Notre Dame students will raise their hands in peace signs Saturday to capture a photograph that will show solidarity with efforts to avoid civil war between Northern and Southern Sudan.
As part of the University’s work to spotlight the growing conflict, Catholic Relief Services (CRS) will circulate this image, junior student government social concerns chair Patrick McCormick said.
“We face a situation where the United States has a chance to prevent another conflict in Africa before it happens,” McCormick said. “We want to signal as student government that the Notre Dame student body is ready to call for change.”
The northern and southern parts of Sudan have been in conflict for more than 50 years. The Comprehensive Peace Agreement (CPA) formally ended civil war in 2005 and scheduled a referendum for Jan. 9, 2011.
Sudanese people will then vote on secession for Southern Sudan, McCormick said.
The peace agreement established a six-year period for democratic reforms and national elections. As the referendum approached, tensions rose between the two sides. Both stockpiled weapons in preparation for what needed to be a peaceful voting process, McCormick said.
Notre Dame got involved when CRS president Ken Hackett spoke at the Center for Social Concern on this year’s theme “Charity in Truth.” Hackett said acting for peace in Sudan is a way to practice this theme on an international level.
“The thought that comes to my mind is this vision that Father Hesburgh had of Notre Dame as a lighthouse and a crossroads,” McCormick said. “With the arrival of the Sudanese delegation, we had the opportunity to sit at that crossroads. We now have the opportunity to serve as a lighthouse and be a beacon for securing justice in Sudan.”
The pivotal moment for Notre Dame was the arrival of a delegation from the Sudan Conference of Catholic Bishops, McCormick said.
Bishop Paride Taban, Bishop Daniel Adwok Marko Kur and director of the Denis Hurley Peace Institute John Ashworth spoke at the Kroc Institute for International Peace Studies on Oct. 5 on the upcoming referendum in Sudan.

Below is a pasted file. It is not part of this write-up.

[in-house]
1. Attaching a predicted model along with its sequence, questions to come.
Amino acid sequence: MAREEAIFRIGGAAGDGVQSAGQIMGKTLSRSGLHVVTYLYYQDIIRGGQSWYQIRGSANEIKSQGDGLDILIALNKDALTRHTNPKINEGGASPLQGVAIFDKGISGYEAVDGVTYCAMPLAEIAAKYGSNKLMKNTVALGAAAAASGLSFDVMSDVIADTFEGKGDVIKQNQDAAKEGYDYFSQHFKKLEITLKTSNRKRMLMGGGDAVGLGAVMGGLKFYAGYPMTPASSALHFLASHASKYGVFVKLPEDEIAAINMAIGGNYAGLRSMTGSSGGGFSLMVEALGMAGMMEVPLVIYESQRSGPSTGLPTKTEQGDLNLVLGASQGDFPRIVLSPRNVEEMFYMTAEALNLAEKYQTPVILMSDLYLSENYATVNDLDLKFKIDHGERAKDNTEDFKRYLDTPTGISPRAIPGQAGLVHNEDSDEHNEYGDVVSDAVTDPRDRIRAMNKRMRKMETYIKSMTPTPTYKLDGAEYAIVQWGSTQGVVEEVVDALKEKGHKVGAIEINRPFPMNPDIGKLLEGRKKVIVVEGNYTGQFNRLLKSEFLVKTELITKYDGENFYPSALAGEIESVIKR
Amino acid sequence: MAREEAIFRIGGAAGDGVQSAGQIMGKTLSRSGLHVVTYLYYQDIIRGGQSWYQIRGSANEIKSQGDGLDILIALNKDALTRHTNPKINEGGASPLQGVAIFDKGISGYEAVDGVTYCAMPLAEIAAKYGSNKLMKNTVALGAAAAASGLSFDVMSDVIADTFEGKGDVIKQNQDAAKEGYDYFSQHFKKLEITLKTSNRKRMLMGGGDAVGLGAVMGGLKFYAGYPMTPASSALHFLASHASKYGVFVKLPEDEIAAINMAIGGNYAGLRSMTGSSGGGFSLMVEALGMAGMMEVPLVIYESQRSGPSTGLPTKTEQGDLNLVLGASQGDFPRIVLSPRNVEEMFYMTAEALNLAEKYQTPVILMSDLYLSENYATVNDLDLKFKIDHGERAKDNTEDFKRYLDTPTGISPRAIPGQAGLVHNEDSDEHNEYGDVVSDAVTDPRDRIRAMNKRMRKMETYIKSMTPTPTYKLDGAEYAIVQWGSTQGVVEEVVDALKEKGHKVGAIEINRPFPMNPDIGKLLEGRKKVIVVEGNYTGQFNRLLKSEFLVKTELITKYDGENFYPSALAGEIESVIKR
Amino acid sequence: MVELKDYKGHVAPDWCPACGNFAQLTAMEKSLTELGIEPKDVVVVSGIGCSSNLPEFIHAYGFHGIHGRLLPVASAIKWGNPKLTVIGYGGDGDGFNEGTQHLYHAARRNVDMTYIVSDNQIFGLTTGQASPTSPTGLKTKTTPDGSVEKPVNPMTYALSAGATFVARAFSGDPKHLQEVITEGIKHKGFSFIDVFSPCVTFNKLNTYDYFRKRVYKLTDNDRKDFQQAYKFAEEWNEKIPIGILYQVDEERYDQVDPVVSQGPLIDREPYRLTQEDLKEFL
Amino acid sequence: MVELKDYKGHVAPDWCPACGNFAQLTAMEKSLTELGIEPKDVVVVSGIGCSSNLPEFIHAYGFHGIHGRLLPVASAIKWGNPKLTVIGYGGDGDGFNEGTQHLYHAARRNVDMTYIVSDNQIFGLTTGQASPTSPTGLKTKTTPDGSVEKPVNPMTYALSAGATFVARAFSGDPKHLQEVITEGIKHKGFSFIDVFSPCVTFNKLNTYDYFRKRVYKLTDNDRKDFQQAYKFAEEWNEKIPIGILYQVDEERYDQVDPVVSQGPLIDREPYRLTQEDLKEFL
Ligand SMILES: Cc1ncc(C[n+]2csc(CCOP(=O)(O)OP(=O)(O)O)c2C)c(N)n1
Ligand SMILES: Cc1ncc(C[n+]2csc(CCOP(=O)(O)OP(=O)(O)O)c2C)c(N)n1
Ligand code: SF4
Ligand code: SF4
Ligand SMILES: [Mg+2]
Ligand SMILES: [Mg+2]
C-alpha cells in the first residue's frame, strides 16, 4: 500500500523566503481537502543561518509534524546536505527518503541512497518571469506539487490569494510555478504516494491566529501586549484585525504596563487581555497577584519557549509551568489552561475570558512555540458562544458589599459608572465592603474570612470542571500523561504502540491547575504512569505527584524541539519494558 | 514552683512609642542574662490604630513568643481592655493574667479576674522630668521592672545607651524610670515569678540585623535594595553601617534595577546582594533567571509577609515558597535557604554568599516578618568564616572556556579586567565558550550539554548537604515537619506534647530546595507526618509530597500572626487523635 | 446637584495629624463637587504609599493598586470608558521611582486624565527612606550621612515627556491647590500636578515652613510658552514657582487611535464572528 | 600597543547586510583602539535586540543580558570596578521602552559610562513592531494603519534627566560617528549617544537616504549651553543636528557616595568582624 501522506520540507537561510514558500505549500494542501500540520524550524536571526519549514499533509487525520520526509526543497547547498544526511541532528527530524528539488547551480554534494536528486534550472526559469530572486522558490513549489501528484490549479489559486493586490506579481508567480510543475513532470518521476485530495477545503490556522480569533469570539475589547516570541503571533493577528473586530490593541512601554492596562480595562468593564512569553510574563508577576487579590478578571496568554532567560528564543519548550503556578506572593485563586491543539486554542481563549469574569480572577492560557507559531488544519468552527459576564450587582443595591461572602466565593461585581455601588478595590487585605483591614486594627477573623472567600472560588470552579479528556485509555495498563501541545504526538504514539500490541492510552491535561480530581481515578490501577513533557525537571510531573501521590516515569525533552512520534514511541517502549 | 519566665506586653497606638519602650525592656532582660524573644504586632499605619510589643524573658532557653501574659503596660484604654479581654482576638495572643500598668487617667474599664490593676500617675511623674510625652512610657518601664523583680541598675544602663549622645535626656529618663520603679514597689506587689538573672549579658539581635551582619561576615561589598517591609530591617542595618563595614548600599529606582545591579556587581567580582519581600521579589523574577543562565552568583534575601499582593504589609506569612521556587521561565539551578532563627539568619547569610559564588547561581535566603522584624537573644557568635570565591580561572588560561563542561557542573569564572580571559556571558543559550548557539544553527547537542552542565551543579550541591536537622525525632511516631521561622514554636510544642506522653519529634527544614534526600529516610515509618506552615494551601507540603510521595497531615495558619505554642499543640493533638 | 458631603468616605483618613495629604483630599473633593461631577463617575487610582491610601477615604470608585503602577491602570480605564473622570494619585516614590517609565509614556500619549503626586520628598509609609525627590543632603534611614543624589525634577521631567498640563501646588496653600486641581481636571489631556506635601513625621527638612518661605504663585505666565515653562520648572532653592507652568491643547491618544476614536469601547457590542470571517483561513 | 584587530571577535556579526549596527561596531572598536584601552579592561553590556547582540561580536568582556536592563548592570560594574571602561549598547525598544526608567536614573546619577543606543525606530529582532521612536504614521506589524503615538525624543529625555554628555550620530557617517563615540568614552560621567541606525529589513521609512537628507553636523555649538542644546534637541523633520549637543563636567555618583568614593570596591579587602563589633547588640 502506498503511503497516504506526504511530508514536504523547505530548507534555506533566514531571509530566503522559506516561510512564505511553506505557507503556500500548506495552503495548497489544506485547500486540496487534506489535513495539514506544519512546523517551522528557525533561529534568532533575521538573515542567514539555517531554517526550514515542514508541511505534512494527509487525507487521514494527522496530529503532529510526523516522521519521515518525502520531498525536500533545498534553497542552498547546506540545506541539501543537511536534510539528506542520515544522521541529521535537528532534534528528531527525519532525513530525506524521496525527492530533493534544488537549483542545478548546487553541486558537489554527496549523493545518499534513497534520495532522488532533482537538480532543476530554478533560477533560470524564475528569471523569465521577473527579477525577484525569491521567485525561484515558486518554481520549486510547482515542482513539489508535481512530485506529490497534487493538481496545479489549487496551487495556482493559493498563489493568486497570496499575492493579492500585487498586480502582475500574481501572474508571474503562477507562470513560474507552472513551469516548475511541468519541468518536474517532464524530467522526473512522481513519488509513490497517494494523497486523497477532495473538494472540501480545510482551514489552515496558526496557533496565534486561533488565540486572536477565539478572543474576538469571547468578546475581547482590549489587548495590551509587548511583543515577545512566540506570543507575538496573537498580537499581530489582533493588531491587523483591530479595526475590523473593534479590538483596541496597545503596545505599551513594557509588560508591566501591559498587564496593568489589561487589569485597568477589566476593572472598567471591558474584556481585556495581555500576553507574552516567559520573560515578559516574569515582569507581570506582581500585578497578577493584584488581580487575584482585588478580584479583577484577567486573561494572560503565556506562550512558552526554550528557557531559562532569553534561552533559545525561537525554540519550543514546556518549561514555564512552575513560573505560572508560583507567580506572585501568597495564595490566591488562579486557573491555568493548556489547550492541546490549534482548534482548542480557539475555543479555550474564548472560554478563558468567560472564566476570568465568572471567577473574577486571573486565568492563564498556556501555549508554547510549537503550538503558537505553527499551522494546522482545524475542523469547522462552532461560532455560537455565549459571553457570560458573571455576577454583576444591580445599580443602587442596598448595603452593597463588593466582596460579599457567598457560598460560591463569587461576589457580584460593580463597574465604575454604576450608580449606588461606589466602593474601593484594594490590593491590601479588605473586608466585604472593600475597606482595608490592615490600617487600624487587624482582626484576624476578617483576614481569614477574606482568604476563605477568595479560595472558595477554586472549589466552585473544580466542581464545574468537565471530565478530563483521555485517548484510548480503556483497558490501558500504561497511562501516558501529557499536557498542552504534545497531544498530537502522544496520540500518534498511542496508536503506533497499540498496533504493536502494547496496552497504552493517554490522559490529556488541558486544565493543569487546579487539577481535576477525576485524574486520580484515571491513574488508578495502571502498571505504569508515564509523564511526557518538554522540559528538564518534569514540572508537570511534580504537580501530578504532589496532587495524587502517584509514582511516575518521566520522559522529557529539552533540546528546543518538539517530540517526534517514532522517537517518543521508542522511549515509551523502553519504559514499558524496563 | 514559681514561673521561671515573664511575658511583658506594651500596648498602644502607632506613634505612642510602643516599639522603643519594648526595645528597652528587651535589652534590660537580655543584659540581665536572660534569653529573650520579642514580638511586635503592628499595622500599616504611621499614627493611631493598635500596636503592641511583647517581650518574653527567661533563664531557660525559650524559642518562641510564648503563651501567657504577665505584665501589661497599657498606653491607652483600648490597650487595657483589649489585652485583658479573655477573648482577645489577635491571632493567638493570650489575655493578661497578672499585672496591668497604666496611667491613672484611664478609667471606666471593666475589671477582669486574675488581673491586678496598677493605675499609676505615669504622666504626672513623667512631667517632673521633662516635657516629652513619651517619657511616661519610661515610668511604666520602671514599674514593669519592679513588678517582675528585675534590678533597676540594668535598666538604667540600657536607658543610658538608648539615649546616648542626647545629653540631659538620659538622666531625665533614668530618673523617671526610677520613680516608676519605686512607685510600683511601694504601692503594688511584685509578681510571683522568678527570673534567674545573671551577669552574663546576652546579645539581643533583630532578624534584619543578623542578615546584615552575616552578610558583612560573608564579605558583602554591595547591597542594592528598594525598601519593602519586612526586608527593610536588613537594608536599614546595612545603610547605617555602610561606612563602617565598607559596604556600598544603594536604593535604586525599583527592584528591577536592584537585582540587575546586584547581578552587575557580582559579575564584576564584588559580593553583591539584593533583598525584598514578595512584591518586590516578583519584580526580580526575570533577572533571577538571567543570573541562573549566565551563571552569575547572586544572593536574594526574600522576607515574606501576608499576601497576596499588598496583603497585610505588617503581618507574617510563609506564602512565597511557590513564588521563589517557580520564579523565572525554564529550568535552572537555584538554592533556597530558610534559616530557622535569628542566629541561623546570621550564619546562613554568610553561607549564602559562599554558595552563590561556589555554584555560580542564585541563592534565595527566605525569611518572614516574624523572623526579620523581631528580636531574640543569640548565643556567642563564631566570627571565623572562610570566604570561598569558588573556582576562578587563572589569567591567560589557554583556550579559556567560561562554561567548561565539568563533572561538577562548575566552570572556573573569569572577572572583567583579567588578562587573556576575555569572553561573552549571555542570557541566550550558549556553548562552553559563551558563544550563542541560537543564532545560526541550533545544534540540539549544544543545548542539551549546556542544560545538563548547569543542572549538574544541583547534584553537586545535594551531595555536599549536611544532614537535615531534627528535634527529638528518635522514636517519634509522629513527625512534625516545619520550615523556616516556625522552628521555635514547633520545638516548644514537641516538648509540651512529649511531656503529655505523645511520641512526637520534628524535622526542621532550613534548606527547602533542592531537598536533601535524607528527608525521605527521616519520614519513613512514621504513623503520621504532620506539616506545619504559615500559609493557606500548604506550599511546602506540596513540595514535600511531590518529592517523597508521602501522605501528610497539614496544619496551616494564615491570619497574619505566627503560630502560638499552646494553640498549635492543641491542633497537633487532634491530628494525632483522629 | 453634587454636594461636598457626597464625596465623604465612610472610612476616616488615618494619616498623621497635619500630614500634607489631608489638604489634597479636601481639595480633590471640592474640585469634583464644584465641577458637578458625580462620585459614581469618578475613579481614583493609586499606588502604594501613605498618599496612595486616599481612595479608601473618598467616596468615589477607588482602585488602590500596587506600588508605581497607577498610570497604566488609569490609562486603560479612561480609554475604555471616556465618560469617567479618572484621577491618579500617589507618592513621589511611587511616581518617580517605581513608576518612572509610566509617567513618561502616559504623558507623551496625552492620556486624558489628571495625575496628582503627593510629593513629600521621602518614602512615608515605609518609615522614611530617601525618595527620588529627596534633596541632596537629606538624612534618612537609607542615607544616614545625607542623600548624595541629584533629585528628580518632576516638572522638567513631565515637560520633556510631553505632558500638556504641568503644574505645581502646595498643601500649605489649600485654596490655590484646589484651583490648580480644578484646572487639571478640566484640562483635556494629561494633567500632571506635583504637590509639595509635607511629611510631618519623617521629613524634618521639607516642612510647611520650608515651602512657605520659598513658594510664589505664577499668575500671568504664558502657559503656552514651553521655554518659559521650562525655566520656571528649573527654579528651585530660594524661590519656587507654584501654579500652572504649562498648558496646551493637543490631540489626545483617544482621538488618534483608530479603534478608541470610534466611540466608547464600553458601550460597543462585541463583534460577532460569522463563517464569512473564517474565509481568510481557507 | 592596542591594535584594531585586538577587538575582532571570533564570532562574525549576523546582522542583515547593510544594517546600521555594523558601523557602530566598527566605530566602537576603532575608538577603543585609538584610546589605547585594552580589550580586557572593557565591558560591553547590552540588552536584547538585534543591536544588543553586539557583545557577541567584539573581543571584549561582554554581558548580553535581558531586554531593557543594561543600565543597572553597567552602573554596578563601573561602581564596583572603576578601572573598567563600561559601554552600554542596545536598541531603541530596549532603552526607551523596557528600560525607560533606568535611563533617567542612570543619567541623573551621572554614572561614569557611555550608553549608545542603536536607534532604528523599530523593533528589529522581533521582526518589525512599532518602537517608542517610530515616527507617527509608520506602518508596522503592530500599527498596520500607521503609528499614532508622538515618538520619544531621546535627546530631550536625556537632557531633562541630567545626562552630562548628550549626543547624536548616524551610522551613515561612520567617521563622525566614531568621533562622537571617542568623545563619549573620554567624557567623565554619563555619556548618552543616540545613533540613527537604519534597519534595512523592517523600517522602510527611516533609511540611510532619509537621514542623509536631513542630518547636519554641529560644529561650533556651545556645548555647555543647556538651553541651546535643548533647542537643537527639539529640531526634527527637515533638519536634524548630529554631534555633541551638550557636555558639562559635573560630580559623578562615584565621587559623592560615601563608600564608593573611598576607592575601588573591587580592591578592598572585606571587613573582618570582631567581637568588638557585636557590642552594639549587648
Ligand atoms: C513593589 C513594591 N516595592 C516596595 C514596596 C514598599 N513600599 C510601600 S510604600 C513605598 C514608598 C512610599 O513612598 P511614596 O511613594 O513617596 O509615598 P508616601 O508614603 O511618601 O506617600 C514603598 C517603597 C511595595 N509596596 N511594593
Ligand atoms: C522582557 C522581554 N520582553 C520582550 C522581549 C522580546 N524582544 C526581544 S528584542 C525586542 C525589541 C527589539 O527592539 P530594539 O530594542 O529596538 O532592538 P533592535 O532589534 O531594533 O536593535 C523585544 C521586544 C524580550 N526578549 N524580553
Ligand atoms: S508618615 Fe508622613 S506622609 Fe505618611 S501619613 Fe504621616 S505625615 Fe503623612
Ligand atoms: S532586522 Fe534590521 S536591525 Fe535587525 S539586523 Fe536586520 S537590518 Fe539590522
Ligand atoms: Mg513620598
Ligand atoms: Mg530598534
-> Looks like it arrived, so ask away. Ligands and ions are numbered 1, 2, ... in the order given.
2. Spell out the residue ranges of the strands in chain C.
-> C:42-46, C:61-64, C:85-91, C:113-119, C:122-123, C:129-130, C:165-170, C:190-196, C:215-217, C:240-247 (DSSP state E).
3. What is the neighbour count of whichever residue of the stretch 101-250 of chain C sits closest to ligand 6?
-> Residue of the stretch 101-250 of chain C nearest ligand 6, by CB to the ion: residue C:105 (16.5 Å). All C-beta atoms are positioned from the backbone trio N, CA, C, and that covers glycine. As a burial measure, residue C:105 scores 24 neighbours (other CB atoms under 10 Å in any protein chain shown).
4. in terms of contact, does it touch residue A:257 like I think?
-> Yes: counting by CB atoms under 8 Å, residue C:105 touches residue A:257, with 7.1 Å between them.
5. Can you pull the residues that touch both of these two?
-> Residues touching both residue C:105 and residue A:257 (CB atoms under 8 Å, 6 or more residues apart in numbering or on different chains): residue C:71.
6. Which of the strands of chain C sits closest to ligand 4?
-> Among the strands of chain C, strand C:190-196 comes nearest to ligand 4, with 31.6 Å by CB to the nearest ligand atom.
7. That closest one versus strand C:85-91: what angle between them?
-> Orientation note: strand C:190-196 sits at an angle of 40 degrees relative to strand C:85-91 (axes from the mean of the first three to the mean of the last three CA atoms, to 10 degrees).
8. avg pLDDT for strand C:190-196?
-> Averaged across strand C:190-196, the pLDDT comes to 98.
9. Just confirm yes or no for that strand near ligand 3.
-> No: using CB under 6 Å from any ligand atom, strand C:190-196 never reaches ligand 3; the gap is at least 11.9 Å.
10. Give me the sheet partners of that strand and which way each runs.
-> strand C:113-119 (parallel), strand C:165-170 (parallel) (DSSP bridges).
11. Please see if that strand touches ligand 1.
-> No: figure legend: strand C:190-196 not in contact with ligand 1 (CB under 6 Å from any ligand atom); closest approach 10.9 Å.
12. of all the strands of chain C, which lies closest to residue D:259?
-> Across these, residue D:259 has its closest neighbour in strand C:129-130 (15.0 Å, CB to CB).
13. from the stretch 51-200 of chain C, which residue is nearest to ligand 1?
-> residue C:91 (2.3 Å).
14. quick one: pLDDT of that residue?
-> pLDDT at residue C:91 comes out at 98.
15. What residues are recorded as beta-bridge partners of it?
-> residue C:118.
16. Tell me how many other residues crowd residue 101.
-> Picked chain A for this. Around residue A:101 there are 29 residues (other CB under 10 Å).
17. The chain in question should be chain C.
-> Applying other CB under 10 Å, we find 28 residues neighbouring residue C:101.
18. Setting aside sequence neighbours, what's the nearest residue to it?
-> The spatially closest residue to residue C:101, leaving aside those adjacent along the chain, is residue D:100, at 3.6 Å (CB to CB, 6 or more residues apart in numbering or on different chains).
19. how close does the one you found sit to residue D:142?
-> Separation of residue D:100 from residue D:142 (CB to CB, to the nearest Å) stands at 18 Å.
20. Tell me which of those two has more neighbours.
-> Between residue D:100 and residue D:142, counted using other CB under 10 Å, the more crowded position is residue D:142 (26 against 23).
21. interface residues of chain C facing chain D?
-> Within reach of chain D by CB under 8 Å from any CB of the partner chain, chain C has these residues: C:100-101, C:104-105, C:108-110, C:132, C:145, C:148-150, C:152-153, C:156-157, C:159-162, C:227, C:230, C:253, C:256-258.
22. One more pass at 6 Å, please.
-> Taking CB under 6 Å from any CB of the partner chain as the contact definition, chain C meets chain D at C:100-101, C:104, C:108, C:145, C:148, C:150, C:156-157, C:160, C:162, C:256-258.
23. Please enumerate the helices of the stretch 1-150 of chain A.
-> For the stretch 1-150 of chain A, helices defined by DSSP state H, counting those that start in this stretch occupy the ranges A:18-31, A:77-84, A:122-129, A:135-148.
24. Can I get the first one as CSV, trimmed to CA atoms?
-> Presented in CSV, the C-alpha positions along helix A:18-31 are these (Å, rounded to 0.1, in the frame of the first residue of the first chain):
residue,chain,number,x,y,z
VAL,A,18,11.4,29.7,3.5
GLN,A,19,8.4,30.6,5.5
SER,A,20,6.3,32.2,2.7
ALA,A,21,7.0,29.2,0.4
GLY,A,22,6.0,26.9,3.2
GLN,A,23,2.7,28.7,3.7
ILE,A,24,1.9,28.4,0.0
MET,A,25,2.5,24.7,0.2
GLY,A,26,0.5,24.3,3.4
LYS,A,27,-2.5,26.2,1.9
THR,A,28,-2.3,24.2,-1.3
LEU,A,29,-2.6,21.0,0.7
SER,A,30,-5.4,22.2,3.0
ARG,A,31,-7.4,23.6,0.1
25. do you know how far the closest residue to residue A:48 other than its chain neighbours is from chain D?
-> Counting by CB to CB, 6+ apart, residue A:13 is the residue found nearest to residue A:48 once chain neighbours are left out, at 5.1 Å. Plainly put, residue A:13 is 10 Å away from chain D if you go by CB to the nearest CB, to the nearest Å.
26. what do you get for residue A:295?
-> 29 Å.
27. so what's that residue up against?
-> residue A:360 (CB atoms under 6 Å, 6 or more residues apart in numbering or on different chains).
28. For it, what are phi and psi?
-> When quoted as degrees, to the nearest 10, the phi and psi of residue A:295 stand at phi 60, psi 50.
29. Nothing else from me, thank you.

The delegation traveled from Notre Dame’s campus to Washington and New York City for meetings with government officials and with the United Nations.
“Part of their motivation to come here was to visit the Kroc Institute, one of the leading centers for peace-building in the world,” McCormick said. “But the delegation was also interested in reaching out to the Catholic community in the United States and did that in a symbolic way at Notre Dame.”
McCormick presented a resolution to student senate last week to show Notre Dame support for the full implementation of the CPA. The senators passed the resolution unanimously.
The resolution was presented to the delegation of bishops as a sign that students were in solidarity with their efforts to secure sustainable peace in Sudan.
“There is a precedent for student involvement in international issues,” McCormick said. “It is as simple as raising a voice. This is a classic example of how change can come from the bottom up.”
Students successfully lobbied the United States government to use the term “genocide” for the first time in American history when describing human rights violations in Darfur, McCormick said.
“Students lend a particularly morally sensitive voice to international issues because that voice is not bogged down in the intricacies of policy and government. I think the need to act goes back to who we are as the leading Catholic university in the United States,” McCormick said. “Student government cannot just issue its opinion on any issue that comes before the public on a national or international scale. This is about the responsibility to use the moral voice of this university because this conflict can directly impact the lives of students.”
The resolution said the student body would work to raise awareness about the peace agreement and possible conflict in Sudan.
“Now we must ask ourselves to define how inclusive the Notre Dame family is and how far the Dome on which Mary stands can reach,” McCormick said.
Kroc Institute for International Studies specialist Gerard Powers said students need to learn about the looming crisis as the referendum in January approaches.
“There is a great opportunity for Notre Dame to be in a leadership role in working with other universities to develop a coalition around Sudan,” Powers said.
Outside of the actions by the international community and major players within Sudan, Powers said publicly showing support for the Sudanese people is critical.
“Because of Internet and news, people in Sudan, even as poor and isolated as that country is, know when people in this country and people in the world are working on their behalf,” Powers said. “Showing our solidarity with them is important so they know that the world is paying attention.”
Any student wishing to participate in the photo opportunity for CRS can meet at 10:45 a.m. Saturday in front of Rolf’s Sports Recreation Center.
“We want to lend the student voice to a national conversation that has not taken place on the scale that it should,” McCormick said. “We promise ‘never again’ after violent conflicts like the genocide in Darfur, and Notre Dame students want to make ‘never again’ more than just words for Sudan.”